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Meat -vs- Meal

Which is more dense.

Just the facts

You probably know that animal protein should be at least the first ingredient in any cat or dog food 
and it should really be the first and the second.
But the marketing companies that sell kibble know you’re looking there, so that’s the first place they think of to trick you into thinking there’s more appropriately sourced protein in the food than there really is.
When you look at an ingredient panel, the pet food ingredients are listed from most to least by weight – so whatever contributes the most to the weight of the food will be first on the label.
The weight of the ingredient is measured before the cooking process – not after in the final product that your taking home. And that’s the difference between meats and meals. Meats contain water, which is very heavy, and meals don’t.
Here’s an example.

You'll see in many pet foods that "chicken" (or another meat)  is the first ingredient. 
You might see this as the first ingredient and think the protein in this diet is mainly comprised of chicken – but you’d be wrong. 
Chicken is about 70% water by weight – and the ingredient panel only lists ingredients by weight when they’re added to the food.
Once it’s processed, this kibble will end up as a dry food – and most of the other ingredients that are added to the food are also dry. So that can really make it look like it has more bio-available protein that it really does.
Looking that bag of pet food that contains "chicken" first, and now knowing it was mostly water, take a gander at the GA. The Guaranteed Analysis says it contains 25% protein on a dry matter basis. HOW?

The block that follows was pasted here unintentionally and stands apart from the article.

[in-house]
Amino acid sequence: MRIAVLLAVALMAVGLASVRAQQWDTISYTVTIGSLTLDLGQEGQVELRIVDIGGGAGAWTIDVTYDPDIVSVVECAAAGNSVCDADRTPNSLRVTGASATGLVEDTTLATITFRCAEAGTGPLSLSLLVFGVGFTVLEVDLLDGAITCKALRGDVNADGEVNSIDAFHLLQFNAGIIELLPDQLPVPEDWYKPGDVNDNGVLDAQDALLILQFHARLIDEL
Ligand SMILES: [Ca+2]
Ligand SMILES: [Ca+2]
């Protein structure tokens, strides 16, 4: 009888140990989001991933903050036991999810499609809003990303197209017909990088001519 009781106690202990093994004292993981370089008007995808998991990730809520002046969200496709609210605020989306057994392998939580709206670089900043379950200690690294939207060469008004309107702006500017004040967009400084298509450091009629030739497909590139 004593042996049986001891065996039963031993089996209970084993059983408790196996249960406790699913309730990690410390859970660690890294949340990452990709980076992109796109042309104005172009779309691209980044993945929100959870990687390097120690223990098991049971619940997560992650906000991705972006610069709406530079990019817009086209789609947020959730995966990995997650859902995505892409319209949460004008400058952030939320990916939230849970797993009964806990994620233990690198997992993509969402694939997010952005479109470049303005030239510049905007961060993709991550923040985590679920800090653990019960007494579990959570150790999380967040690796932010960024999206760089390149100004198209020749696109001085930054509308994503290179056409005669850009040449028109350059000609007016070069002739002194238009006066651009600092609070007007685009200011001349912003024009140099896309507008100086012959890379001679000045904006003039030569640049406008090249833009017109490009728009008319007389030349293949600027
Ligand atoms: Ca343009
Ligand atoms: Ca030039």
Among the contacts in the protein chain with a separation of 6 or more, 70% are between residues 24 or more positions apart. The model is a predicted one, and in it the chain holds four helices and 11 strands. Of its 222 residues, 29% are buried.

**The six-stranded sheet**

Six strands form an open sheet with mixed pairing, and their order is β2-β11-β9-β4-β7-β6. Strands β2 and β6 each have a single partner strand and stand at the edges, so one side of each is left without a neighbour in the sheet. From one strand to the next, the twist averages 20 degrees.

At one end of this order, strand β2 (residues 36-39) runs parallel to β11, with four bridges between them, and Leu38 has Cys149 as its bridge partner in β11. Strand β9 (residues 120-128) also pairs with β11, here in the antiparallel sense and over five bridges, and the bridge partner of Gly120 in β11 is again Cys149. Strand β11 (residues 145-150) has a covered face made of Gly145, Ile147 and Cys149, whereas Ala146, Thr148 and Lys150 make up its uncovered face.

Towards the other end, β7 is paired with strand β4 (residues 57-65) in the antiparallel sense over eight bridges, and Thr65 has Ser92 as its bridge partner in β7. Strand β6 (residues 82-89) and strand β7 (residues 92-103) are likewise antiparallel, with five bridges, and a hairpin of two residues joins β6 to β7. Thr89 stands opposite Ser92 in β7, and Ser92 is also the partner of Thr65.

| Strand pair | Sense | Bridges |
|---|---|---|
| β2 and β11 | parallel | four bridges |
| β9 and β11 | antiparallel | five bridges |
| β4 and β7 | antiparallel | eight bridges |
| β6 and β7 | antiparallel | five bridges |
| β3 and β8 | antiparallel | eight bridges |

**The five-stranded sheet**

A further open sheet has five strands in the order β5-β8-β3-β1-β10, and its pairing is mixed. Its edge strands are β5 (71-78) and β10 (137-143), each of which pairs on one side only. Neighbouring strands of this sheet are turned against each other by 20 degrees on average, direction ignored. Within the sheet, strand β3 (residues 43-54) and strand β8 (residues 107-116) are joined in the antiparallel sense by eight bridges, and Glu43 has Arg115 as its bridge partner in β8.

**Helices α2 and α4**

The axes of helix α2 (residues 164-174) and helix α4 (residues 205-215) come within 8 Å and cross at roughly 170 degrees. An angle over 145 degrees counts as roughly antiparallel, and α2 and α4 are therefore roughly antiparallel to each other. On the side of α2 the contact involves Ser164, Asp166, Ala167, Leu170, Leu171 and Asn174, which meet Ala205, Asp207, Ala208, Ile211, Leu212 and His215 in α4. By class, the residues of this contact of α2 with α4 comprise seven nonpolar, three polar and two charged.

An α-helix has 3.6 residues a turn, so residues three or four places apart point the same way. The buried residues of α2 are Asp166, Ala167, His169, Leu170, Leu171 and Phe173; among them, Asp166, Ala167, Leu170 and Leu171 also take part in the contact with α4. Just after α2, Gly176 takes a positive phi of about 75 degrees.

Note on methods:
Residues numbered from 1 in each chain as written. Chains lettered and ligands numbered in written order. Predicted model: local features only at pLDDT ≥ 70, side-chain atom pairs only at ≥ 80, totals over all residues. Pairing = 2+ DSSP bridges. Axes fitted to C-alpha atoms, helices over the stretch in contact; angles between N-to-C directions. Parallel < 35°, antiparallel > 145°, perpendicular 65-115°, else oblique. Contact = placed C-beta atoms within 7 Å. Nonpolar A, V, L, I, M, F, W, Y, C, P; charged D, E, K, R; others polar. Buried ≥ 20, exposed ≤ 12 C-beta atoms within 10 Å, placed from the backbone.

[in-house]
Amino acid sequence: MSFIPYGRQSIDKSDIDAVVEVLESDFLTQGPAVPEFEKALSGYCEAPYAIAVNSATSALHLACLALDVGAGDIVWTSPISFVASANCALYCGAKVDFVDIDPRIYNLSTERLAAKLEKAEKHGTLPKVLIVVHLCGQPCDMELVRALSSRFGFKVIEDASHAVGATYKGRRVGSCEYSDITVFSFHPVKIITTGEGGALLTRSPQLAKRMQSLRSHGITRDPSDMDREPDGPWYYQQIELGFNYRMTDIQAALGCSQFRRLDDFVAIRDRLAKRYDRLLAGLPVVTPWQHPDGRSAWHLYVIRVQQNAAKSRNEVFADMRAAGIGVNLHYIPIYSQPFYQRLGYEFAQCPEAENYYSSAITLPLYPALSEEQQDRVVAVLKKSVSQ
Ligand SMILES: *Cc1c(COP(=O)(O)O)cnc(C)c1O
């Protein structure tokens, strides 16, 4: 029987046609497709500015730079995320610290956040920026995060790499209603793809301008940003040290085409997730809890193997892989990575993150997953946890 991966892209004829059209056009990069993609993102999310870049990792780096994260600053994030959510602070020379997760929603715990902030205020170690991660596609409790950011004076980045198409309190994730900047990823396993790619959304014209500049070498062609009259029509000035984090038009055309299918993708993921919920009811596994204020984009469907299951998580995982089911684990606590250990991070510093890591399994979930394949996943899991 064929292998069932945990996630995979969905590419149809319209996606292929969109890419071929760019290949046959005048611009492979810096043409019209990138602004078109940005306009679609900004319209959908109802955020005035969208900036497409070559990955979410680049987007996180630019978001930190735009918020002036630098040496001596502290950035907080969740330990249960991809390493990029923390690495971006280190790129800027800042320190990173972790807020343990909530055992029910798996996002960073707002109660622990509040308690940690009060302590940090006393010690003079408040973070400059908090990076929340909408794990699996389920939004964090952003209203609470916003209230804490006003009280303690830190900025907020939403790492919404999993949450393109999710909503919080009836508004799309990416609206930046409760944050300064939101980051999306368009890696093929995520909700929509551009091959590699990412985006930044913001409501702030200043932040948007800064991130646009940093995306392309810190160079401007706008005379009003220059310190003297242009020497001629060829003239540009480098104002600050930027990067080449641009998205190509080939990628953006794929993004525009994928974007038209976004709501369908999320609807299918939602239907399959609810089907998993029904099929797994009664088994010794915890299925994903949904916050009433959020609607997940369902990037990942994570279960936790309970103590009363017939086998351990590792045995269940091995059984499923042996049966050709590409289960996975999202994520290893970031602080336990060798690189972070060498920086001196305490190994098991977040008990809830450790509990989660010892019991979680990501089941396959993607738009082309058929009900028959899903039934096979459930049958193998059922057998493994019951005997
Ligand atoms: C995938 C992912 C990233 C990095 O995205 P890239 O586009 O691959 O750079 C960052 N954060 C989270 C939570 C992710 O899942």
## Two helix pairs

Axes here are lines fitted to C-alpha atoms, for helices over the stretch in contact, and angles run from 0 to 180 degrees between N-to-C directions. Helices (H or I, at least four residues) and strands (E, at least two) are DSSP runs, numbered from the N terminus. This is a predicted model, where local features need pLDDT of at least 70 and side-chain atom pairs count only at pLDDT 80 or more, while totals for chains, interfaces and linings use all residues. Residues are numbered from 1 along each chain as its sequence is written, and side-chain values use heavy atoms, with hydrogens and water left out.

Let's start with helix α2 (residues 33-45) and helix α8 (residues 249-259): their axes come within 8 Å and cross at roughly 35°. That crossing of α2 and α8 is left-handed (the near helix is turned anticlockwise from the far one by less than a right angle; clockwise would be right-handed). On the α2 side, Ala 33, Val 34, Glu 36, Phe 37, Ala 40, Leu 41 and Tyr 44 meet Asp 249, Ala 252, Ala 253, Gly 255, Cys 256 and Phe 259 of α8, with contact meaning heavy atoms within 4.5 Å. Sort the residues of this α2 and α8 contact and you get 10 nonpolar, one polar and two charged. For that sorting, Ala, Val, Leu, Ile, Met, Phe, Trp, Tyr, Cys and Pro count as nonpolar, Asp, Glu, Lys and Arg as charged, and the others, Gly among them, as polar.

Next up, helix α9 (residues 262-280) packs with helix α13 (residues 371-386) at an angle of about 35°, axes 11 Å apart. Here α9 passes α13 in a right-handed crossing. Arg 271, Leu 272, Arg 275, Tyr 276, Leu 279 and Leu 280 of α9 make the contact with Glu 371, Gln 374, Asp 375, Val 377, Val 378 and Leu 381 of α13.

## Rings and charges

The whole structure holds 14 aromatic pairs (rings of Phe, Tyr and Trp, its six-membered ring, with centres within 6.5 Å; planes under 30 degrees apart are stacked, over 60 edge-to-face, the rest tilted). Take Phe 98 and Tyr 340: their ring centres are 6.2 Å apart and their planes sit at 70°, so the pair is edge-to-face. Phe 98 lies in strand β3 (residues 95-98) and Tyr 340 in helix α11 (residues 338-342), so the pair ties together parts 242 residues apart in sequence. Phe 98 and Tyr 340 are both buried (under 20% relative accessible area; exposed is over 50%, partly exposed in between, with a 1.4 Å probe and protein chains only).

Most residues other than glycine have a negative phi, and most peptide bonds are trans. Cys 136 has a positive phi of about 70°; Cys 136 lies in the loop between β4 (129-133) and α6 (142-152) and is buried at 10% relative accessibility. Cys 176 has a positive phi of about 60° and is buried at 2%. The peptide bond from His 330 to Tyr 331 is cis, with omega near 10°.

If this food is 25% protein, then where does the protein come from if it’s not chicken? It comes from grains of peas.
So what’s wrong with using plants for protein?
Protein is made up of little building blocks called amino acids – and your dog uses these amino acids for his health and nutrition.
There are several amino acids that are essential. That means your dog can’t manufacture them and absolutely needs to get them through his diet. But plants and grains are an incomplete source of the amino acids your dog relies on. And they might not be as easily digested and used as the animal proteins your dog was made to eat.
But pet food companies love plant-based proteins because they’re much cheaper than animal protein. So they’ll try to use these poor quality ingredients to boost the protein content of the food. This helps the food to meet minimum requirements as cheaply as possible but it leaves your dog open to potential health issues when he can’t use these low quality proteins.
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